Accession Number:

ADA433615

Title:

Host Gene Expression Responses to Biothreat and Infectious Agents: Implications for Mathematical Modeling of in vitro Responses

Descriptive Note:

Conference paper

Corporate Author:

WALTER REED ARMY INST OF RESEARCH SILVER SPRING MD

Report Date:

2004-06-01

Pagination or Media Count:

13.0

Abstract:

Detection of exposure to biological threat agents currently uses culture methods, immunoassay and gene amplification and these methods constantly are being perfected for greater sensitivity. However, recent events have demonstrated that assessing exposure to a biological threat agent well in advance of onset of illness or at various stages post-exposure would be an important capability to have among the diagnostic options. There is an urgent need for better diagnostic tools that will be sensitive, rapid and unambiguous to identify pathogen exposures and aid in triage of affected personnel. Rationale Patterns of host cell transcription offers the potential for diagnosis of exposureinfection at a very early stage, even as early as 1 hour post-exposure. The ability of diagnostic assays to identify infected individuals during the prodromal period is essential for successful treatment or intervention following exposure and infection with many disease-causing agents. The identification of early markers of infection offers great promise for revolutionizing disease diagnosis. We have used gene microarray technology to characterized host gene expression responses rather than direct pathogen exposure to 14 biothreat and infectious agents using ex vivo exposures to each pathogen in peripheral blood mononuclear cells PBMC. We found sets of genes that readily identify the pathogen used. By a thorough evaluation of healthy human baseline gene expression using 75 diverse individuals, we identified genes with unambiguous responses for pathogen exposures. For 3 of these pathogenic agents, we have also carried out in vivo exposures in non-human primate models. Gene responses determined from blood drawn at various time periods post-exposure show clearly recognizable patterns of gene expression at remarkably early time frames.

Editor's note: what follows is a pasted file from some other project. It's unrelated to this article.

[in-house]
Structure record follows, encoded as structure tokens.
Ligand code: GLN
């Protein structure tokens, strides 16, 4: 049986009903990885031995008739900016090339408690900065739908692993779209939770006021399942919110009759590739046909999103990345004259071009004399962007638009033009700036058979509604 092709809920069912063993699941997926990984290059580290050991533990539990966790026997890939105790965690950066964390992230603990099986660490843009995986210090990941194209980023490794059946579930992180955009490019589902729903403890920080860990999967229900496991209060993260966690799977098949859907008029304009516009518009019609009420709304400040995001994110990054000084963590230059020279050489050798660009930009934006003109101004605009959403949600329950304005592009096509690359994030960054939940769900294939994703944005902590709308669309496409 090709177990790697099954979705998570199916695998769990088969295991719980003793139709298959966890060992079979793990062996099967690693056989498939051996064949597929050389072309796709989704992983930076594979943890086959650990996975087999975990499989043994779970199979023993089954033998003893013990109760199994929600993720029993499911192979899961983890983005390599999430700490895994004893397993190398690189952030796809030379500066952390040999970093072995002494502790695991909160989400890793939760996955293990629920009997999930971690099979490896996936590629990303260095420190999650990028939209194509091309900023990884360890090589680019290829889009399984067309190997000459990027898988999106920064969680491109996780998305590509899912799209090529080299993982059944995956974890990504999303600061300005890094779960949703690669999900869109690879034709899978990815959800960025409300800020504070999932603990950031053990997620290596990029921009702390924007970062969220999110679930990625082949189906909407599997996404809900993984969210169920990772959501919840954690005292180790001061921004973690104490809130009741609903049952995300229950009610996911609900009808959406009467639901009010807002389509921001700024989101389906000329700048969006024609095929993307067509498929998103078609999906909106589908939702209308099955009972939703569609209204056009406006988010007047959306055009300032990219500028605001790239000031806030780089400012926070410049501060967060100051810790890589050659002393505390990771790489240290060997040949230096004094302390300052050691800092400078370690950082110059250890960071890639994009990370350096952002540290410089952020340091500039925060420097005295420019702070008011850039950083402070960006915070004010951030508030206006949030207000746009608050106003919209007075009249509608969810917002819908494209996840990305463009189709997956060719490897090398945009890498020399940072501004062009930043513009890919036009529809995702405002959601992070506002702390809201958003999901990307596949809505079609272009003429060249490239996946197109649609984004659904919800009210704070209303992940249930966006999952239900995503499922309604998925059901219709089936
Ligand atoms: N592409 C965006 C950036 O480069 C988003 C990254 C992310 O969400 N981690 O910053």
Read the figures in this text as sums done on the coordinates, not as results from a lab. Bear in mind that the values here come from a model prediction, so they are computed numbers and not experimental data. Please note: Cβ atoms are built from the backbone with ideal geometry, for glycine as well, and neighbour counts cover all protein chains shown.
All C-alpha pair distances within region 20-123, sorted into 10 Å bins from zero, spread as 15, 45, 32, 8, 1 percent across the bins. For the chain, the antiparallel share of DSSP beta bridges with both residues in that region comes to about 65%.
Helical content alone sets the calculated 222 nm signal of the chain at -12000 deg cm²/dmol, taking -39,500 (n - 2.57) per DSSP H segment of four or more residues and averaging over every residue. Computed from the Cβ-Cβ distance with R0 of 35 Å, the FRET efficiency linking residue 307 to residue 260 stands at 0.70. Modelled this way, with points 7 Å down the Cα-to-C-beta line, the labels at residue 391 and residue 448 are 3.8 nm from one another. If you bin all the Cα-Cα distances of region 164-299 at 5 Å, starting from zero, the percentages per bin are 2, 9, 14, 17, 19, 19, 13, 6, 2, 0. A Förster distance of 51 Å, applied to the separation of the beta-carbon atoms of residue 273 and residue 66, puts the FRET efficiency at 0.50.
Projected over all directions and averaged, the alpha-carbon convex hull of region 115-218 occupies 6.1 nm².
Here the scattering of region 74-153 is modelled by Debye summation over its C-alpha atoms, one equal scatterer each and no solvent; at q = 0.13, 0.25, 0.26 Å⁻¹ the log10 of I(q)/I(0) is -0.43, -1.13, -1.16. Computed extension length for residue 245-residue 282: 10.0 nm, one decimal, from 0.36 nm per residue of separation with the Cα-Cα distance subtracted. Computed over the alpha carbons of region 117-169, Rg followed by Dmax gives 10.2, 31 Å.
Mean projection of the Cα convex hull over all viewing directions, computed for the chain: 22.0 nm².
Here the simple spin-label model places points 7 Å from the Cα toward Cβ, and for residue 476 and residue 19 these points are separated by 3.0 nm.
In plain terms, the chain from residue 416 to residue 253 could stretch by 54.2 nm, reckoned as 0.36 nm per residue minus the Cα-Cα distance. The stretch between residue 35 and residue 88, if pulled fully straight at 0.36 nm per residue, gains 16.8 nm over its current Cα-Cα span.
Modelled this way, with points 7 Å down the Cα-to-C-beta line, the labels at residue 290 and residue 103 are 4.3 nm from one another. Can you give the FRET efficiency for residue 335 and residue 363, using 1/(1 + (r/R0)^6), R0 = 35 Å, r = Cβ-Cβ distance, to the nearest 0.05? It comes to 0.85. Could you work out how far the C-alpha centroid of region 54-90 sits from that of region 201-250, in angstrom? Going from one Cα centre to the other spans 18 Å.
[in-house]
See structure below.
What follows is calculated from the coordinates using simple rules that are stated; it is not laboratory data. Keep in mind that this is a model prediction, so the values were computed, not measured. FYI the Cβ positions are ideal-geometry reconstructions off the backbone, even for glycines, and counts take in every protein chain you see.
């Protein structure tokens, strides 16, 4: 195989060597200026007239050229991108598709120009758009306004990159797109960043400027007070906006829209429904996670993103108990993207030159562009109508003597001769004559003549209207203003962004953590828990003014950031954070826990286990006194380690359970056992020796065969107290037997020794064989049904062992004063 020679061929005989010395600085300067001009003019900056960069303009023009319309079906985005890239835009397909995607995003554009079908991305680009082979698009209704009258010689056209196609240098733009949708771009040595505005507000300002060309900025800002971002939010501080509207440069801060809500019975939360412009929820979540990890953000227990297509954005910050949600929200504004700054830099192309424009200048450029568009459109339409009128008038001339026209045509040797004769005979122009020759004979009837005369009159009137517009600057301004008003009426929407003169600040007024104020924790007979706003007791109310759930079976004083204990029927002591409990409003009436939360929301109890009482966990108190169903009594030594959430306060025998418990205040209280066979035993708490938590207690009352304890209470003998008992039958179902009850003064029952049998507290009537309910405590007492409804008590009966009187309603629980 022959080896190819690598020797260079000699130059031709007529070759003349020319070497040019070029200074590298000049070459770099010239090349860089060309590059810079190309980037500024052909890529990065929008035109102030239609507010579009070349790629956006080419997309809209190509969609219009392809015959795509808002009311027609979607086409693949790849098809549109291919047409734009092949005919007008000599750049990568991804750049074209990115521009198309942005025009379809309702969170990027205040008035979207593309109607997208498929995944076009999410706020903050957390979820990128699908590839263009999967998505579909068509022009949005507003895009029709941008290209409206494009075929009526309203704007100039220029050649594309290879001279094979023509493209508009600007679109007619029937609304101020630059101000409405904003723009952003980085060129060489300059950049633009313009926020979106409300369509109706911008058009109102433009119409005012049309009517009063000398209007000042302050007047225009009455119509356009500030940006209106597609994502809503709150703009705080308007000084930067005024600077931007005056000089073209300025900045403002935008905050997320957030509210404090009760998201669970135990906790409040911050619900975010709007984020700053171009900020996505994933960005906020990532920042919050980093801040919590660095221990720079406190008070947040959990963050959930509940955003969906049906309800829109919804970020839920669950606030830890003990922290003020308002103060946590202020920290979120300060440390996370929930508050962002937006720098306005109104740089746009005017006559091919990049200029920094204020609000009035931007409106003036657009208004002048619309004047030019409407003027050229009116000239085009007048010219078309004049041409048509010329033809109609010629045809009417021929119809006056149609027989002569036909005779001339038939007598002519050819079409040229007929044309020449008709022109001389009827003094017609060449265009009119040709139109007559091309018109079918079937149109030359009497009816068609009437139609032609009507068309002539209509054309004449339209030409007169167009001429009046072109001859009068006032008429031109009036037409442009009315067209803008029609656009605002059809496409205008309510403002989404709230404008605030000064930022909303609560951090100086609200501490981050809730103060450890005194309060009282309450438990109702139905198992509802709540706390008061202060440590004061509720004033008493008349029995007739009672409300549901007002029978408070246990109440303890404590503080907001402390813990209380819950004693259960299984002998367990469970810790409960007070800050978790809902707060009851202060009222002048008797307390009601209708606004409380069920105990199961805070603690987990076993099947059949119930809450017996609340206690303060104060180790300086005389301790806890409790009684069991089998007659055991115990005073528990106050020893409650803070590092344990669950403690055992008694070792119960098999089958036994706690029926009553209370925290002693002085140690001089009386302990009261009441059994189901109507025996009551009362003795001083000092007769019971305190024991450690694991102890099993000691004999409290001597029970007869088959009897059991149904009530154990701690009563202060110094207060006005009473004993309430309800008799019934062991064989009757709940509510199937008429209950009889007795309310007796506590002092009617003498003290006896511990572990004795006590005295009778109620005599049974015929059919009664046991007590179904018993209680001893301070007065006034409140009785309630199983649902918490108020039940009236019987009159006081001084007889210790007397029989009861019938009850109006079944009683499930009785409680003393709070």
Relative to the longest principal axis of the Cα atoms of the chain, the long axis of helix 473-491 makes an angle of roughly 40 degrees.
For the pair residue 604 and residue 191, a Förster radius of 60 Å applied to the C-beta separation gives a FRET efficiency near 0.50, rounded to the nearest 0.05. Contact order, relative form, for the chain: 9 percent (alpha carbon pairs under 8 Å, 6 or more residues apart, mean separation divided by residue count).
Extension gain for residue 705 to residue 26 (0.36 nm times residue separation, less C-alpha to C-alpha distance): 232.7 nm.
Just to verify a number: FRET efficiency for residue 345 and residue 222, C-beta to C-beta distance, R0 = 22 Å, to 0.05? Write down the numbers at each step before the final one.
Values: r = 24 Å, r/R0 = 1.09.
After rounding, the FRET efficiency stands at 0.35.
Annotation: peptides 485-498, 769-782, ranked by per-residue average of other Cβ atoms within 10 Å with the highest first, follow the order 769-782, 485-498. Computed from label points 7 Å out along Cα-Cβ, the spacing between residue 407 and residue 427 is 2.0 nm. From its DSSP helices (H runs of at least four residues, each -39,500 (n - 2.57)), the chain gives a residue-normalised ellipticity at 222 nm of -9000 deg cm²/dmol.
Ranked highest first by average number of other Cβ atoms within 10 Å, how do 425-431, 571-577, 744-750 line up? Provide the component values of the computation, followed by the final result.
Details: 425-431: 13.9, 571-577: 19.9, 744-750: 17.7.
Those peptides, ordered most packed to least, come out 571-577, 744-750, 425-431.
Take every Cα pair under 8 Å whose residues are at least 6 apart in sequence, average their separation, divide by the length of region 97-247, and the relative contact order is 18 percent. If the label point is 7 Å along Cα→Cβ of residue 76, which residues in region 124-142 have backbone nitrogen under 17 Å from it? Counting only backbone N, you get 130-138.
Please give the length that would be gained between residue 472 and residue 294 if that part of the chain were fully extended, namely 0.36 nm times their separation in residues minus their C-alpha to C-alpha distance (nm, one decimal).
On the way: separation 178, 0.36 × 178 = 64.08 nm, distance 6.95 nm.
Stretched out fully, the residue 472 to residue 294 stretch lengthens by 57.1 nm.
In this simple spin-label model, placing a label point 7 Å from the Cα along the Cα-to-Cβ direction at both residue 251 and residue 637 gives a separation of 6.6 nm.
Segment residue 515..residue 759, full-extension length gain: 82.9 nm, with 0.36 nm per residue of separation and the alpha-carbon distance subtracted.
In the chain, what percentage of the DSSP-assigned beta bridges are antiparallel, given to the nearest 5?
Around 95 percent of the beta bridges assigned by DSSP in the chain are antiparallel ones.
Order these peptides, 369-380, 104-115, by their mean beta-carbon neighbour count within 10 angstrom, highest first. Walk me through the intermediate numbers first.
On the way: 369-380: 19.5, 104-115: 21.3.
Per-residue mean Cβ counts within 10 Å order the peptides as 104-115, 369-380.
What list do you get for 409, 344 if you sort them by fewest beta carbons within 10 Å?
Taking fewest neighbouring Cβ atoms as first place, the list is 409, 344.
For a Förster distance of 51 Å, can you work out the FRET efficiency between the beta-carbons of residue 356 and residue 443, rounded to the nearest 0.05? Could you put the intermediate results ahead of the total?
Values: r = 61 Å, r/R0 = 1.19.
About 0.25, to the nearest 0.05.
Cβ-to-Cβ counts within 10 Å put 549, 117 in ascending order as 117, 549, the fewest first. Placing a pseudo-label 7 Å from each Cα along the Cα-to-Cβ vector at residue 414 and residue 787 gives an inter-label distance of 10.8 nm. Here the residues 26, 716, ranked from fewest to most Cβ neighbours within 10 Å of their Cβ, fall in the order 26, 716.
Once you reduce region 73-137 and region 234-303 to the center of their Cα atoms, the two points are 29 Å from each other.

Subject Categories:

  • Genetic Engineering and Molecular Biology
  • Medicine and Medical Research

Distribution Statement:

APPROVED FOR PUBLIC RELEASE